Structural Engineering  Participants (one team of two individuals per chapter) apply the principles of structural design and engineering through basic research, design, construction, and destructive testing to determine the design efficiency of a structure. Semifinalists participate in an on-site problem.

System Control Technology  Participants (one team of three individuals per state, one entry per team) develop a computer- controlled model solution to a problem provided on site; typically, the problem is one from an industrial setting.

Tech Bowl  Participants (one team of three individuals per chapter) take a written objective examination to qualify for the oral question/response, head-to-head team competition phase of the event.

Technical Design  Participants (one team of two individuals per chapter) demonstrate their ability to use the technical design process to solve an engineering design problem.

Video Game Design   Participants (one team of two to six individuals per chapter) develop, build, and launch an E-rated game that focuses on the subject of their choice. The game should be interesting, exciting, visually appealing, and intellectually challenging. The game and all required documentation will be evaluated pre-conference. Semifinalists participate in an on-site conference interview.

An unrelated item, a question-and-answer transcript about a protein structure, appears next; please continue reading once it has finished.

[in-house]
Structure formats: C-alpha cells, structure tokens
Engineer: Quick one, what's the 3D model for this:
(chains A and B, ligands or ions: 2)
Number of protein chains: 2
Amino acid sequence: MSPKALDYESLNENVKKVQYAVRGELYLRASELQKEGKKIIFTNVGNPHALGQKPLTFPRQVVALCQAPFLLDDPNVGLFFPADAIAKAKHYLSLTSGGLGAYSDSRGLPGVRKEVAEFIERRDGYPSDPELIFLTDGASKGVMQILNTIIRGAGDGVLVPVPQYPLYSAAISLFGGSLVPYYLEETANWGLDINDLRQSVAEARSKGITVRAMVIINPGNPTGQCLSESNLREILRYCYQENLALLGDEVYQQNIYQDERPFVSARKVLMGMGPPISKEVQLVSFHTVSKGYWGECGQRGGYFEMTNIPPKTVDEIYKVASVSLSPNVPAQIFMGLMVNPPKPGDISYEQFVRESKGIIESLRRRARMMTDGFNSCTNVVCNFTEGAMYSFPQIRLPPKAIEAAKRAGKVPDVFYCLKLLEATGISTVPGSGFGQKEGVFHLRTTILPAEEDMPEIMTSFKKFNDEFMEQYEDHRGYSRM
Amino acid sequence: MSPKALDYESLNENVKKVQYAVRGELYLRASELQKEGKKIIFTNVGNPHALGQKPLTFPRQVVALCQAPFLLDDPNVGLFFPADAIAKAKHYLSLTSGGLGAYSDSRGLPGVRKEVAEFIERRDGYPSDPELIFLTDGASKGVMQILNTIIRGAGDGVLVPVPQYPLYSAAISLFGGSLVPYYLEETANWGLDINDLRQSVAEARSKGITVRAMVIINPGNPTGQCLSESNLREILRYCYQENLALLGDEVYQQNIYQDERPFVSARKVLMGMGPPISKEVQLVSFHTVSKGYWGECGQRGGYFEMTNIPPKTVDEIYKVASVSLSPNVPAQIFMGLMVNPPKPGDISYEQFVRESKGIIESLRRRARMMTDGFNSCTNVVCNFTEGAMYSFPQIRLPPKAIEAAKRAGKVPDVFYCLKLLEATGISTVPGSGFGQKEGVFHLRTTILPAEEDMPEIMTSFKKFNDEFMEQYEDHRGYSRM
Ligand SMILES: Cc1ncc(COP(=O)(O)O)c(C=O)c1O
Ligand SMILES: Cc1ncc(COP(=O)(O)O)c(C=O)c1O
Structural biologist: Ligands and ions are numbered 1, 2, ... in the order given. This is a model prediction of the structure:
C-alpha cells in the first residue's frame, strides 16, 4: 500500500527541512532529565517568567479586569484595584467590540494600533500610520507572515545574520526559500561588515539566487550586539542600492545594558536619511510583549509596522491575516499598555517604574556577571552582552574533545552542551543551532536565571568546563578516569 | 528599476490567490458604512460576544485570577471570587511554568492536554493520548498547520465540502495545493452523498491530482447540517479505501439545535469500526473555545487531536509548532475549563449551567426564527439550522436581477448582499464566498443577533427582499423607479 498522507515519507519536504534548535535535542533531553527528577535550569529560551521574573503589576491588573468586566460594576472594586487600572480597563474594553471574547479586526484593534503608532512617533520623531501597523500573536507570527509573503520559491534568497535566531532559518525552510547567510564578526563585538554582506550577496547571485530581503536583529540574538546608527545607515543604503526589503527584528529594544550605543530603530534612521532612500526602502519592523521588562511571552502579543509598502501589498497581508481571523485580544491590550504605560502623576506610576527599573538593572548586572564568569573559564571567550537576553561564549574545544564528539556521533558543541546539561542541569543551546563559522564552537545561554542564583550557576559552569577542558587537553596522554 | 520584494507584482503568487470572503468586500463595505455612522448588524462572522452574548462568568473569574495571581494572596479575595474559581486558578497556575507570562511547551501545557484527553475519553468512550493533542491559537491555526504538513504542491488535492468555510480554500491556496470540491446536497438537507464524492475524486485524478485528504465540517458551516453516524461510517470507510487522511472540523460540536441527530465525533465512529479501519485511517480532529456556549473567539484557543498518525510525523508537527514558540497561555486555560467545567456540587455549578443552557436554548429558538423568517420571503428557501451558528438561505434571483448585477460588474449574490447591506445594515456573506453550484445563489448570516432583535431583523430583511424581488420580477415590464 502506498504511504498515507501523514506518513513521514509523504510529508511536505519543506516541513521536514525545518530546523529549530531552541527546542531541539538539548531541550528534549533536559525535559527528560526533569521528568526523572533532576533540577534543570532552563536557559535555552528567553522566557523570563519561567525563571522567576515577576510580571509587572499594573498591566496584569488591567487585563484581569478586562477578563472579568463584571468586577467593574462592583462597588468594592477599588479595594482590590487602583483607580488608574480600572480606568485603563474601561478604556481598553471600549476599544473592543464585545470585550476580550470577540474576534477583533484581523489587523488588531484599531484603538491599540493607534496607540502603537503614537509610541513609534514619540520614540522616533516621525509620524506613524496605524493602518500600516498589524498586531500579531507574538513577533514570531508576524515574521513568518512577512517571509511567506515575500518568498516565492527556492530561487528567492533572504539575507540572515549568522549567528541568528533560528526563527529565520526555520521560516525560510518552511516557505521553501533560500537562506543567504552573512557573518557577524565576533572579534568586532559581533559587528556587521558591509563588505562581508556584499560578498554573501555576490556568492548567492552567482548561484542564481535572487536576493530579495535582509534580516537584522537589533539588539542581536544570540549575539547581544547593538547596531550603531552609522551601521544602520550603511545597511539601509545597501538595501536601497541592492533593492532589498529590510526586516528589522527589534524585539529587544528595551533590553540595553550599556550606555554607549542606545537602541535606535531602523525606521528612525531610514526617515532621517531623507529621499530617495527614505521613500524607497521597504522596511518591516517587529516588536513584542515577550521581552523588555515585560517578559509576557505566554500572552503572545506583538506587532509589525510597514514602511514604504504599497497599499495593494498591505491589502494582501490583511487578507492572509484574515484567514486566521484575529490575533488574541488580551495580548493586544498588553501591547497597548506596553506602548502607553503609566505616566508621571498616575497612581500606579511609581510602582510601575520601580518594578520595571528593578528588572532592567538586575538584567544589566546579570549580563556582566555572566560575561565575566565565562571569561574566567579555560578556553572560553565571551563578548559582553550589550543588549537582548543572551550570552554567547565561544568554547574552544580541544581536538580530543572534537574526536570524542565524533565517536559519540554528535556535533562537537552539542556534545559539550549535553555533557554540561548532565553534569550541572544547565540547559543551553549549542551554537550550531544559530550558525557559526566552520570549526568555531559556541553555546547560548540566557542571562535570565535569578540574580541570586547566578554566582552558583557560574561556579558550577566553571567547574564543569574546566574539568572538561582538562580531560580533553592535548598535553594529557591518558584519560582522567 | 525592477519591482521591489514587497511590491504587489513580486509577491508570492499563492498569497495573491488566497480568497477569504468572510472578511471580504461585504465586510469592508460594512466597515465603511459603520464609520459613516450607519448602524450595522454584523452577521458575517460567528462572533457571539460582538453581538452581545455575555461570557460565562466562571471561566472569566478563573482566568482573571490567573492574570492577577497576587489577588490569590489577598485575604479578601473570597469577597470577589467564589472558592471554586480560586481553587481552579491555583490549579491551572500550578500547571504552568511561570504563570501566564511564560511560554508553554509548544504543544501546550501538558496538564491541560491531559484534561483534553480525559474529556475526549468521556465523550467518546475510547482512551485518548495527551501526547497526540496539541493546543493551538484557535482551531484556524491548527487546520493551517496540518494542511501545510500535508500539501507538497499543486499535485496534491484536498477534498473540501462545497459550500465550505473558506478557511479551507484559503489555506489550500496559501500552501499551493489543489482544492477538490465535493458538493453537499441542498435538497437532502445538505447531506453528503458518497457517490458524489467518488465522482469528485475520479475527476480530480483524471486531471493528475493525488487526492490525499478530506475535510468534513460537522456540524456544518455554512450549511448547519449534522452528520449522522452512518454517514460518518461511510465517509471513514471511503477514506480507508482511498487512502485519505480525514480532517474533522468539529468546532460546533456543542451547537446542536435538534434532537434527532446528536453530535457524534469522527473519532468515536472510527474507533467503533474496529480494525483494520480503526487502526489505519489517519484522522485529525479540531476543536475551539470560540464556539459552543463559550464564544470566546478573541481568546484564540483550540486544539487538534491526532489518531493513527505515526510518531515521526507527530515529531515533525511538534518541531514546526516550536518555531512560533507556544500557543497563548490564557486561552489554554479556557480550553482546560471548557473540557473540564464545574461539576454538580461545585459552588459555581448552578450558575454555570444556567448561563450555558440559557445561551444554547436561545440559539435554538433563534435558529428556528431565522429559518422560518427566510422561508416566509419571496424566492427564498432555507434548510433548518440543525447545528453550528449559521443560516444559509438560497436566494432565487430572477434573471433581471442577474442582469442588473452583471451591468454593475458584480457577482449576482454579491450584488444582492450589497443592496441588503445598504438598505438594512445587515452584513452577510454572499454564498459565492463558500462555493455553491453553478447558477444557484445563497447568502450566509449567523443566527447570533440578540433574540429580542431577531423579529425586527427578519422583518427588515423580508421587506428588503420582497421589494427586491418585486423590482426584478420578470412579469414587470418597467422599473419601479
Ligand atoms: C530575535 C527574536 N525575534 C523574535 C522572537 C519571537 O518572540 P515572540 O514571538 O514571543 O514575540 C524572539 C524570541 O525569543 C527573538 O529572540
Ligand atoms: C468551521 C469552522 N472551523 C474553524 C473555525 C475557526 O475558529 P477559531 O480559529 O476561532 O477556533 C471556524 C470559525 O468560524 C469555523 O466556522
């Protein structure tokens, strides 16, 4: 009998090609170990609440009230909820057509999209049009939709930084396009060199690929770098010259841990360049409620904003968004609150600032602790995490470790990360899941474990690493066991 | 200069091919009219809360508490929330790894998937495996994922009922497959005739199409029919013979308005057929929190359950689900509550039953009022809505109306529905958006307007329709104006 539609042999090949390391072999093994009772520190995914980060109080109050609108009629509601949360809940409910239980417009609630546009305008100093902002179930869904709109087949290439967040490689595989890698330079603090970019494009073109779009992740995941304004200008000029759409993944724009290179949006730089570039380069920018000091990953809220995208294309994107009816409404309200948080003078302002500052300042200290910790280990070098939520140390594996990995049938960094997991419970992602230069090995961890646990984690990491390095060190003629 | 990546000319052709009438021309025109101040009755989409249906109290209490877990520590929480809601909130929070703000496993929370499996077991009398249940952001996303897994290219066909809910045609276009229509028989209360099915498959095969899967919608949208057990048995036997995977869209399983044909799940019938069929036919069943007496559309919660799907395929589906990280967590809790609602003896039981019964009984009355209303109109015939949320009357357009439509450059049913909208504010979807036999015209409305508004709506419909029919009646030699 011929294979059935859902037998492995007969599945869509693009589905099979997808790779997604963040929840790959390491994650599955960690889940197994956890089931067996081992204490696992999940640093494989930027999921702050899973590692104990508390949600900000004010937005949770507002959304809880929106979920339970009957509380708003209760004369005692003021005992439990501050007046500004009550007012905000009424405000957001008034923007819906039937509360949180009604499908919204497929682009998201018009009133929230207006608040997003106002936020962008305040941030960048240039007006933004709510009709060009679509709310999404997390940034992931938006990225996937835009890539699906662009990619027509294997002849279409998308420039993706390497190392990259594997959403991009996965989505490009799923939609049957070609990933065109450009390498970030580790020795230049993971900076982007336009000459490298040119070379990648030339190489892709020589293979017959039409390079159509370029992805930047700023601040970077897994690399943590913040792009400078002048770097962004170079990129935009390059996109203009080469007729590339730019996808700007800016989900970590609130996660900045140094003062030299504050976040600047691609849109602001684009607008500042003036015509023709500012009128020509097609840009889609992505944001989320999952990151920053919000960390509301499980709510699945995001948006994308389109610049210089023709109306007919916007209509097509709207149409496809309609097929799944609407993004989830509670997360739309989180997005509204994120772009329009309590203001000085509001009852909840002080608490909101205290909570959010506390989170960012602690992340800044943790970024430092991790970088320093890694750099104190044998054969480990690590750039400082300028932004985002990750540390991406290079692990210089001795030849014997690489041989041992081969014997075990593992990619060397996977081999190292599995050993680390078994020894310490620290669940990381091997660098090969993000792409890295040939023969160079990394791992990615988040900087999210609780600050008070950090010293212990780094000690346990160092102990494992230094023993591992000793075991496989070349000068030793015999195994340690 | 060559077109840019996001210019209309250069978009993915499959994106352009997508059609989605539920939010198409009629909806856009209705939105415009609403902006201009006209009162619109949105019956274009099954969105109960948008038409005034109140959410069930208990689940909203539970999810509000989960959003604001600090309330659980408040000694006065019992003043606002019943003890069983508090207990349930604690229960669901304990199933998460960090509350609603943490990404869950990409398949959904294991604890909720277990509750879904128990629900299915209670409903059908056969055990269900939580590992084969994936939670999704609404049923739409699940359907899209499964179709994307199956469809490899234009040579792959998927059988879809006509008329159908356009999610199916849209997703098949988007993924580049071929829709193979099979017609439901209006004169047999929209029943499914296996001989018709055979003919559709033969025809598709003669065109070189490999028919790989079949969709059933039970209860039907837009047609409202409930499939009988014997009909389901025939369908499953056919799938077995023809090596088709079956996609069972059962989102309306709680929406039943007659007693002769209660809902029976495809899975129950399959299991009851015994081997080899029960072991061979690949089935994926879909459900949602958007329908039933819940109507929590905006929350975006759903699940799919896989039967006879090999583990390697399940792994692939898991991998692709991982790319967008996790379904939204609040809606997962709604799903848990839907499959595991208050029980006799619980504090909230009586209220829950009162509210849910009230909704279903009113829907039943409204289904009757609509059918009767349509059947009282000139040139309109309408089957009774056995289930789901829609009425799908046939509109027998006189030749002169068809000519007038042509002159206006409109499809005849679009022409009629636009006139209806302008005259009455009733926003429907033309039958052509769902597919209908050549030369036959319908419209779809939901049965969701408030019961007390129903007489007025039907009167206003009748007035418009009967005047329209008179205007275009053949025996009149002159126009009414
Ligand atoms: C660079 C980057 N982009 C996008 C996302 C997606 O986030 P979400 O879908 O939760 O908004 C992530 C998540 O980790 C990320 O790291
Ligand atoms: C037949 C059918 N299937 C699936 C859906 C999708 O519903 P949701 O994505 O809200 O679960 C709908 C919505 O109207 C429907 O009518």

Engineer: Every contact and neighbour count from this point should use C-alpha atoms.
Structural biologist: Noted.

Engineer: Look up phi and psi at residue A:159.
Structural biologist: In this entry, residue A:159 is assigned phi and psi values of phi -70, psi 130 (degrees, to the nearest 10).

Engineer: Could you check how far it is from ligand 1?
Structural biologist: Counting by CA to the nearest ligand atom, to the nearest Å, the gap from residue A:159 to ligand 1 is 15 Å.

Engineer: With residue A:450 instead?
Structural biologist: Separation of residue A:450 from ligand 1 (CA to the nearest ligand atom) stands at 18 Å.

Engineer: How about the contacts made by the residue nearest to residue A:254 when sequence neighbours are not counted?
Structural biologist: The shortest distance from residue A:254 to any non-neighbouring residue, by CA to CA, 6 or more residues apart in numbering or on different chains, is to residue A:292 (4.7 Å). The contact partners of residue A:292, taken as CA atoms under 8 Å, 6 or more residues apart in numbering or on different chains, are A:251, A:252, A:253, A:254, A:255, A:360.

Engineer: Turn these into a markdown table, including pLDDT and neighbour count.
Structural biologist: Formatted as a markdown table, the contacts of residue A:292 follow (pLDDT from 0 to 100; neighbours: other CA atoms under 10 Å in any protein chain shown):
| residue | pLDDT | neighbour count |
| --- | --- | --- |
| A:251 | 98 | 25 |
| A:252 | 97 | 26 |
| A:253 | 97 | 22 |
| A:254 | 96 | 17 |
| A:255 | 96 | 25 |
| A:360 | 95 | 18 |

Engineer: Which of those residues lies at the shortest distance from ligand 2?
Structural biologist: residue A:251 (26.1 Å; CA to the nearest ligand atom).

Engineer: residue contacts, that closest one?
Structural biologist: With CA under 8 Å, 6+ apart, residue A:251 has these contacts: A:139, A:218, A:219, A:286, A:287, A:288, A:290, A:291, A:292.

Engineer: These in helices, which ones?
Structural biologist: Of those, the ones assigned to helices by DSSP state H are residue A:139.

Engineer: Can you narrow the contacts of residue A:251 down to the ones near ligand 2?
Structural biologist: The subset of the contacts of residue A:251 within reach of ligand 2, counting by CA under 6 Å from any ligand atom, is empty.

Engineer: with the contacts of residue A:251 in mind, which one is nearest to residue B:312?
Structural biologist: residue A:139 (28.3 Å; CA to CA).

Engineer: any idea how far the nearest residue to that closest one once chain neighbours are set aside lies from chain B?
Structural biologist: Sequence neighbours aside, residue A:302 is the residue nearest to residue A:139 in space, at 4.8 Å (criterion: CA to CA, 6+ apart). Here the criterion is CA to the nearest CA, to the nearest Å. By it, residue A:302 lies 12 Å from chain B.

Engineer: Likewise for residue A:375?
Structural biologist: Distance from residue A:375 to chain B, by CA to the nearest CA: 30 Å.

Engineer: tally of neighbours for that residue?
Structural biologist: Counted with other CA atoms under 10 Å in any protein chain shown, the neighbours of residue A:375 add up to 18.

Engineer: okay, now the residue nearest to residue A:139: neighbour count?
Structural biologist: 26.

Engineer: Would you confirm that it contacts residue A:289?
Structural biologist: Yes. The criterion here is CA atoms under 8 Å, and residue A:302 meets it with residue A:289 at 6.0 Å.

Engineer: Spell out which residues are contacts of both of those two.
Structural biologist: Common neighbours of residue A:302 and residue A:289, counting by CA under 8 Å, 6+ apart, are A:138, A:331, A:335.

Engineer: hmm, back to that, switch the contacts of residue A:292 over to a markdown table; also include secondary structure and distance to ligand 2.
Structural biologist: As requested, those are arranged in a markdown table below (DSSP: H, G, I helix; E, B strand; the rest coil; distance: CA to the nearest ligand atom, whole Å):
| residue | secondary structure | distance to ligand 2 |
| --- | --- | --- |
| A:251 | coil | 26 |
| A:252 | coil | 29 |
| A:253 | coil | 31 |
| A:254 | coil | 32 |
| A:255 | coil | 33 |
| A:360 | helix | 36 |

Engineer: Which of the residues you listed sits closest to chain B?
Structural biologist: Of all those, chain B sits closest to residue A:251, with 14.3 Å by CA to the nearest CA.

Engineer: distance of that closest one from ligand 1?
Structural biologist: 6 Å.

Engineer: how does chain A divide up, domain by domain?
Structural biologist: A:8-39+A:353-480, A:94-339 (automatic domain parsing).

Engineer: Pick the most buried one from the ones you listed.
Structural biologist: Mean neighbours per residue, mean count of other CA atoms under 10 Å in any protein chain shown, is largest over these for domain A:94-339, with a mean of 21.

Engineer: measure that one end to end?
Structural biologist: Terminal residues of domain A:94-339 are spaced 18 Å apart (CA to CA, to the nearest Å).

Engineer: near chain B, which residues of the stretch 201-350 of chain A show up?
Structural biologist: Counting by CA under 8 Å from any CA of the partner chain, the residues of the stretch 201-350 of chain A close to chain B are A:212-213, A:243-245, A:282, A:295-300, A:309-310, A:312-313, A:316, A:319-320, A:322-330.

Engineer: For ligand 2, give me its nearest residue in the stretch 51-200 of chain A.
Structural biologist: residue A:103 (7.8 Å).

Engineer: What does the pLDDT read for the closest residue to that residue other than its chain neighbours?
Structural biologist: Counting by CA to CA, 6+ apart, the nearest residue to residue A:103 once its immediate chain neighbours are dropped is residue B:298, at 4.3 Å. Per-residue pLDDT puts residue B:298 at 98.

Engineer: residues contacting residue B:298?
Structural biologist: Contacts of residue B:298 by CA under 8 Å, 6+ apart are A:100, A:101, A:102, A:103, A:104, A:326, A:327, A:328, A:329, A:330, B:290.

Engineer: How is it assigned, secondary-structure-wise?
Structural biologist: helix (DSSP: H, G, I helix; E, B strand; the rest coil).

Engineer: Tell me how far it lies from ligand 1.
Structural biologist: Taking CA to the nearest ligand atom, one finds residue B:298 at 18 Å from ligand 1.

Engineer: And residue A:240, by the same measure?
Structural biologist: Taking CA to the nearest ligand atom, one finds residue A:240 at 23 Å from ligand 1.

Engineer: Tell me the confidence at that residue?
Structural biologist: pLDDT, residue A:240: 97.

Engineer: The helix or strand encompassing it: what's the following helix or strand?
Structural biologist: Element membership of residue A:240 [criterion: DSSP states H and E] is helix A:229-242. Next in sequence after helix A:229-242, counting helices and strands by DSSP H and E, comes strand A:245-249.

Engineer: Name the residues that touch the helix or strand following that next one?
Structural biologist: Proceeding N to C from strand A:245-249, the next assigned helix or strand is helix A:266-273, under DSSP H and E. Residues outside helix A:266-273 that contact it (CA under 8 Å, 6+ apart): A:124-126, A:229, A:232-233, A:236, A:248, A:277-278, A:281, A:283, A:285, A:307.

Website Design Participants (one team of three to six individuals per chapter, one entry per team) design, build, and launch a website that features the team’s ability to incorporate the elements of website design, graphic layout, and proper coding techniques. Semifinalists participate in an on-site conference interview.